These event studies and the other policy markets we propose face a big hurdle, however, because predictions about the future imbed assumptions about the very policy choices they are designed to measure. We offer a method by which policy makers can interpret market forecasts in a way that isolates or unpacks underlying crime factors from expected policy responses, even when the responses are dependent on the crime factors.
Finally, we discuss some practical issues about designing these markets, such as how to ensure liquidity, how to structure contracts, and the optimal market scope. We conclude with a modest proposal for experimenting with markets in this policy area.
Sunday, April 13, 2008
I'm teaching a course this semester on "Law and Economic Development." It's an area in which scholarship is booming. There are lots of exciting new ideas about how to explain development and the lack of development and some interesting proposals for improving the lives of the poor. One of the most interesting of those ideas is contained in a wonderful article in today's New York Times Sunday Magazine: "Can the Cellphone Help End Global Poverty?" The article is available here.
Thursday, April 10, 2008
Jagdeep and I have been otherwise occupied for a while -- he with health issues; I with a dean search. But we're both eager to get back to regular blogging. There will be some changes coming in the near future.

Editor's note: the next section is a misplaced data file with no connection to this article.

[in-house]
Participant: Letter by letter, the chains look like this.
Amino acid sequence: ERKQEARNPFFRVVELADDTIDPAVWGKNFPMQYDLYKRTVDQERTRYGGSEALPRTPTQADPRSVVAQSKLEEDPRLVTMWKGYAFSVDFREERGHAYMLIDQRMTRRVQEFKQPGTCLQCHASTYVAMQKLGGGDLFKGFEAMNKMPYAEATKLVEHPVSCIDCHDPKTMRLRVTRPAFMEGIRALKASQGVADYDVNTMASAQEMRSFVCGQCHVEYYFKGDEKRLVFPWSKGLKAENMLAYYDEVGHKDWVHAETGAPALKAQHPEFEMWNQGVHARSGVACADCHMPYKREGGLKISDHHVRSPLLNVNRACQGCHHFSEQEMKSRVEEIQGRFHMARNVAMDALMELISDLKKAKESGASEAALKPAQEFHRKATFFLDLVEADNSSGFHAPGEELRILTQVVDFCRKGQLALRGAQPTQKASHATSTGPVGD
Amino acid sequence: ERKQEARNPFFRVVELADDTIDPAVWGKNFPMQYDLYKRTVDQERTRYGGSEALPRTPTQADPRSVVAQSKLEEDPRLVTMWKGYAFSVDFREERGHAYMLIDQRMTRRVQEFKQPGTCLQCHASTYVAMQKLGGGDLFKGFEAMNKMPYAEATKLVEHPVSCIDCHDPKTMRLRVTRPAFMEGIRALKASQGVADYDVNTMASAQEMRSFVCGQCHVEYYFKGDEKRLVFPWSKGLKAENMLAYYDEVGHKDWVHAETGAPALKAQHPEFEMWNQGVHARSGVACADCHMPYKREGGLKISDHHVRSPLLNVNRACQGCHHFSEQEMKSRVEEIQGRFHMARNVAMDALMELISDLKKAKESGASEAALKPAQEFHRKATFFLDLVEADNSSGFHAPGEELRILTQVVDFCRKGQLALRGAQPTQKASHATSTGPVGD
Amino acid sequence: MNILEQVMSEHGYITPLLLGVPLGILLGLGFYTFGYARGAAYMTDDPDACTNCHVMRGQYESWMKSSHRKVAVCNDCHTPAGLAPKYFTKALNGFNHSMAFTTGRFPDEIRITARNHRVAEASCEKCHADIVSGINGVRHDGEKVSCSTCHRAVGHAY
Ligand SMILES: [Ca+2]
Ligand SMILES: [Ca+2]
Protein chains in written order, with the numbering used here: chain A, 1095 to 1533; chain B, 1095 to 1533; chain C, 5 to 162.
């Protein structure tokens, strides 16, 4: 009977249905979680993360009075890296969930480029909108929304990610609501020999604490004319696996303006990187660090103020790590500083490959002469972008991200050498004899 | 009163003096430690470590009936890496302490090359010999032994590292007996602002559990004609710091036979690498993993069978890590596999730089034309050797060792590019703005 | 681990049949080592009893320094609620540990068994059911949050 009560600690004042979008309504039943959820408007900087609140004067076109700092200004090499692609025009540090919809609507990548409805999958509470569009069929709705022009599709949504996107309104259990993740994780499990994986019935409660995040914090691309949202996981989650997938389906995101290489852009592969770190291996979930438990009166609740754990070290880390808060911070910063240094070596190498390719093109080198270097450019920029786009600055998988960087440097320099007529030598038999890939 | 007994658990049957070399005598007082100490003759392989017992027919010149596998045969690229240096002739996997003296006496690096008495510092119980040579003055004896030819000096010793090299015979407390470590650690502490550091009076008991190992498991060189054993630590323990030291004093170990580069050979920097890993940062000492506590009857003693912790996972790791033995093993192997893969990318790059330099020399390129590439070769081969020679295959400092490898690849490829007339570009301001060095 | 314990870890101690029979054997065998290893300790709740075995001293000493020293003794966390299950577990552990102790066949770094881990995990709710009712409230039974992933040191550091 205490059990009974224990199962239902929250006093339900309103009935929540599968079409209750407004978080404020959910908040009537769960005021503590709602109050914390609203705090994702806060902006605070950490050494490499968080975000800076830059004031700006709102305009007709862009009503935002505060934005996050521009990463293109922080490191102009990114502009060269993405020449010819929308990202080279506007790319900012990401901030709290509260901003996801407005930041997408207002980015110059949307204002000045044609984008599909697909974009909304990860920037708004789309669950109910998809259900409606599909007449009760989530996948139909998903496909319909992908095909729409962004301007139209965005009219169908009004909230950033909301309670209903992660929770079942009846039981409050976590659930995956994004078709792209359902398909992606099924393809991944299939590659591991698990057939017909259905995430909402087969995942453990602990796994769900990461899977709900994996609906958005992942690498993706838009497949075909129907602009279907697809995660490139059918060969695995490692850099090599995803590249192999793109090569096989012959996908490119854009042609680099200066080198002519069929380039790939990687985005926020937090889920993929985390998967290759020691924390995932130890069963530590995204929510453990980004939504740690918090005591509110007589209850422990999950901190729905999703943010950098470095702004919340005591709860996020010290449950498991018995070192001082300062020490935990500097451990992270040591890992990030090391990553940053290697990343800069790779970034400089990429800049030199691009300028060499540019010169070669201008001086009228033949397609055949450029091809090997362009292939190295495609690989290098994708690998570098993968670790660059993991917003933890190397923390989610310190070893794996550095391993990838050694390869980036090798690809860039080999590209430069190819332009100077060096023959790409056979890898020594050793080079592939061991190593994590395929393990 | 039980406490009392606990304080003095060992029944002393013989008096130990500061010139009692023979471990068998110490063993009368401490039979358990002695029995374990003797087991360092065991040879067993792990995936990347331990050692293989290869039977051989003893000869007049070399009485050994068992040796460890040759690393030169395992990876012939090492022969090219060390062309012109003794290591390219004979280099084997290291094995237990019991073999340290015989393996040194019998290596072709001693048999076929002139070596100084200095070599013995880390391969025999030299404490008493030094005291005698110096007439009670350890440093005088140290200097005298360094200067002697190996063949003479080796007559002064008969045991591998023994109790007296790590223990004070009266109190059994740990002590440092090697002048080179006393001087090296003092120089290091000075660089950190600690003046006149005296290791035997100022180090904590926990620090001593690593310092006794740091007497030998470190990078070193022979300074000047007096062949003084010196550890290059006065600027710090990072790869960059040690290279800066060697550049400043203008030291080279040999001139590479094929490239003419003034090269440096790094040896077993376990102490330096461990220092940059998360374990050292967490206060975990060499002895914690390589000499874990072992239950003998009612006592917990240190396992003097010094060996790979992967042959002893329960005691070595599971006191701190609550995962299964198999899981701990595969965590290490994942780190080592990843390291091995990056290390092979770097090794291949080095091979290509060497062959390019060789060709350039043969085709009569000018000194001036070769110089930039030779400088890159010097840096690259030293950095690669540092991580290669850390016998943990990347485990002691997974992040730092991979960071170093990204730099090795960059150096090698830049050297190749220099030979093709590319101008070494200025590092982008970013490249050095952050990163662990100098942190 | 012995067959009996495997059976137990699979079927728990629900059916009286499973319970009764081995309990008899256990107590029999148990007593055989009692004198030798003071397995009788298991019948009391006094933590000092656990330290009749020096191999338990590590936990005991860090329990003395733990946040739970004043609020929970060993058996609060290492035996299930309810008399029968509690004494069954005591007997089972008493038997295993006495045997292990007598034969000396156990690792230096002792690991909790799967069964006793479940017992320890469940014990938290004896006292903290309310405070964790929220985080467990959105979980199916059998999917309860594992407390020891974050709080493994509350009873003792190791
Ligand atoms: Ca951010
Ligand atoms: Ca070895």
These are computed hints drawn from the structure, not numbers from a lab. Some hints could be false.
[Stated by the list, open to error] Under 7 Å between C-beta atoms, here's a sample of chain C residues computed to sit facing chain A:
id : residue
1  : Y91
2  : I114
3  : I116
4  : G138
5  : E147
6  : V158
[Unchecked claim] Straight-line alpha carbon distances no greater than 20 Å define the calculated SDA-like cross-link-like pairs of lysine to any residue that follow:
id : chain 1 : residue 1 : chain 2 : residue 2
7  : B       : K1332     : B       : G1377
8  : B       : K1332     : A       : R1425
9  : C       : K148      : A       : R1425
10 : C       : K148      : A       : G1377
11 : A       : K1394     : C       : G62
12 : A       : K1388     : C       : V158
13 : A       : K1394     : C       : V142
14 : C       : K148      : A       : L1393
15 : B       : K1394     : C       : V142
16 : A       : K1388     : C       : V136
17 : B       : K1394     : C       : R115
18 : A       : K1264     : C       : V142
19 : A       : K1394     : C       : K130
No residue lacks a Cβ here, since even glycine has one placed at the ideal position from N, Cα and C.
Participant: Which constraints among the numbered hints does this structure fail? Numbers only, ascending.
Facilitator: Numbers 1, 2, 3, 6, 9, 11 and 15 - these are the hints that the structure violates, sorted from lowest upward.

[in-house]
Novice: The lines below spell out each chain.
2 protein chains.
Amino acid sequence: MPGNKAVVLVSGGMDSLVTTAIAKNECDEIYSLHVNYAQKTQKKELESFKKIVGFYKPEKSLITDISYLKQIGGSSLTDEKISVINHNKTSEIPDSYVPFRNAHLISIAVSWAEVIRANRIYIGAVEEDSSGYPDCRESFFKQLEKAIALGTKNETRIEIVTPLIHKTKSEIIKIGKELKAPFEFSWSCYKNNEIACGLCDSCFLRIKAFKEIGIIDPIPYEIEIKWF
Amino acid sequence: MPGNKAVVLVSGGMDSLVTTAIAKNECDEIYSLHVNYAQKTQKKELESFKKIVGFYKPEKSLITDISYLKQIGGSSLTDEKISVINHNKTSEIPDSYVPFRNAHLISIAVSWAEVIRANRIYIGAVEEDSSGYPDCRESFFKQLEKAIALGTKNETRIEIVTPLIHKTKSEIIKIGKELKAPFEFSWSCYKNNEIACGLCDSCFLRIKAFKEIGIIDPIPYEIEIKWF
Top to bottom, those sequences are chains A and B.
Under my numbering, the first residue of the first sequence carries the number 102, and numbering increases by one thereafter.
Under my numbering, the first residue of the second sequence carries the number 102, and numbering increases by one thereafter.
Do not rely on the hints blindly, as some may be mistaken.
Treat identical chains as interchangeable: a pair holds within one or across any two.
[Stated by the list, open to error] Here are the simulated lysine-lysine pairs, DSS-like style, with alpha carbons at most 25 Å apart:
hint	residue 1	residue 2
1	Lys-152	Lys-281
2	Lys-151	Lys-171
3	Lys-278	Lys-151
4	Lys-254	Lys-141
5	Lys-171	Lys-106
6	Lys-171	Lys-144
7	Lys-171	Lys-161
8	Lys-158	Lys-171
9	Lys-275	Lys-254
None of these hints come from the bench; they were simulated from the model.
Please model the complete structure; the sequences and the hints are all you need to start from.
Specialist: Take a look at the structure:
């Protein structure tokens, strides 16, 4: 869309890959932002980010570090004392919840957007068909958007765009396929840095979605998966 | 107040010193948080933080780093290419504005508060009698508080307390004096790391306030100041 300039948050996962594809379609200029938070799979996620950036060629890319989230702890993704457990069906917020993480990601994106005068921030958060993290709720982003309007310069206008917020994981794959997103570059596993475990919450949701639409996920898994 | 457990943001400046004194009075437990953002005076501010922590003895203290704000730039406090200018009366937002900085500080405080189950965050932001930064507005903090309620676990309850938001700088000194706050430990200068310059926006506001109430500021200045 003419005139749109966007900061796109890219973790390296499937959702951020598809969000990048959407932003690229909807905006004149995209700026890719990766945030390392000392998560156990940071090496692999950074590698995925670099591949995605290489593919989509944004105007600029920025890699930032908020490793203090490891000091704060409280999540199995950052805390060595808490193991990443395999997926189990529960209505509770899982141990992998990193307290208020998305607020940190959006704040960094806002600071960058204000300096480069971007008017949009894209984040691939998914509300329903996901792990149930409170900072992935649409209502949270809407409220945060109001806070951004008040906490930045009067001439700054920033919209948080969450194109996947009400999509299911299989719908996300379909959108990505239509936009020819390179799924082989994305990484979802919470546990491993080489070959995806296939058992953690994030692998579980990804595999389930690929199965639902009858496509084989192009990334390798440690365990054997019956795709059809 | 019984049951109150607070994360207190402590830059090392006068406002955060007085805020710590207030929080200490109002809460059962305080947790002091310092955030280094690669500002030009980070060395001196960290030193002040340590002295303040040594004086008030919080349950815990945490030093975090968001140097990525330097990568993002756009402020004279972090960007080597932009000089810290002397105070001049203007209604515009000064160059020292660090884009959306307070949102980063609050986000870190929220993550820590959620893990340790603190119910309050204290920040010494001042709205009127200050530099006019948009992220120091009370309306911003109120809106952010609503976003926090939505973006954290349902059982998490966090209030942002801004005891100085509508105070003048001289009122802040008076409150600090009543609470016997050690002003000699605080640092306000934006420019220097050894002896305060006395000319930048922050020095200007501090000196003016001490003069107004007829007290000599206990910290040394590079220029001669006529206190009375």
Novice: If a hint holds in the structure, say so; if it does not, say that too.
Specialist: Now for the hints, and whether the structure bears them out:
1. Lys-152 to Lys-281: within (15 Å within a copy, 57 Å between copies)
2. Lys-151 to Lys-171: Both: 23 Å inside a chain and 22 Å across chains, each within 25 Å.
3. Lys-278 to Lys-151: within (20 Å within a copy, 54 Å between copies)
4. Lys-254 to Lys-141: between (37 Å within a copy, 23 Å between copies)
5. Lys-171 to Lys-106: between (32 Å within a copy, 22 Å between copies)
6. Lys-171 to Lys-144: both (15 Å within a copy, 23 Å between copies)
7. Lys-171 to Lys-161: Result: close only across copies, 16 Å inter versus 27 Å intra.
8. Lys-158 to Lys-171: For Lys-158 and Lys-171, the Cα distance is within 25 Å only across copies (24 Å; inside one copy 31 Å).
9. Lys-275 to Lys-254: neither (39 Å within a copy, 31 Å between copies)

I've just read a wonderful short article on the power of different default rules: Eric J. Johnson & Daniel Goldstein, "Do Defaults Save Lives?," 302 Science 1338 (21 November 2003). The subject of the article is the power of opt-in and opt-out rules for organ donation. For example, in Denmark, the Netherlands, the United Kingdom, and Germany the default rule is opt-in: your organs are not to be donated unless you affirmatively take steps to indicate that intent (by, for instance, signing the back of your driver's license in front of two witnesses -- the rule in the State of Illinois). The rate of donation in each of those four countries is 4.25, 27.5, 17.17, and 12.
In contrast, in Austria, Belgium, France, Hungary, Poland, Portugal, and Sweden the default rule for organ donation is an opt-out rule: your organs are presumed to be donatable unless you affirmatively take steps to indicate that they are not available. Here are the rates of donation in those seven countries: 99.98, 98, 99.91, 99.97. 99.5, 99.64, and 85.9.
The graphics in the article indicated these and other differences are very powerful. I intend to use them in my law-and-economics course next year.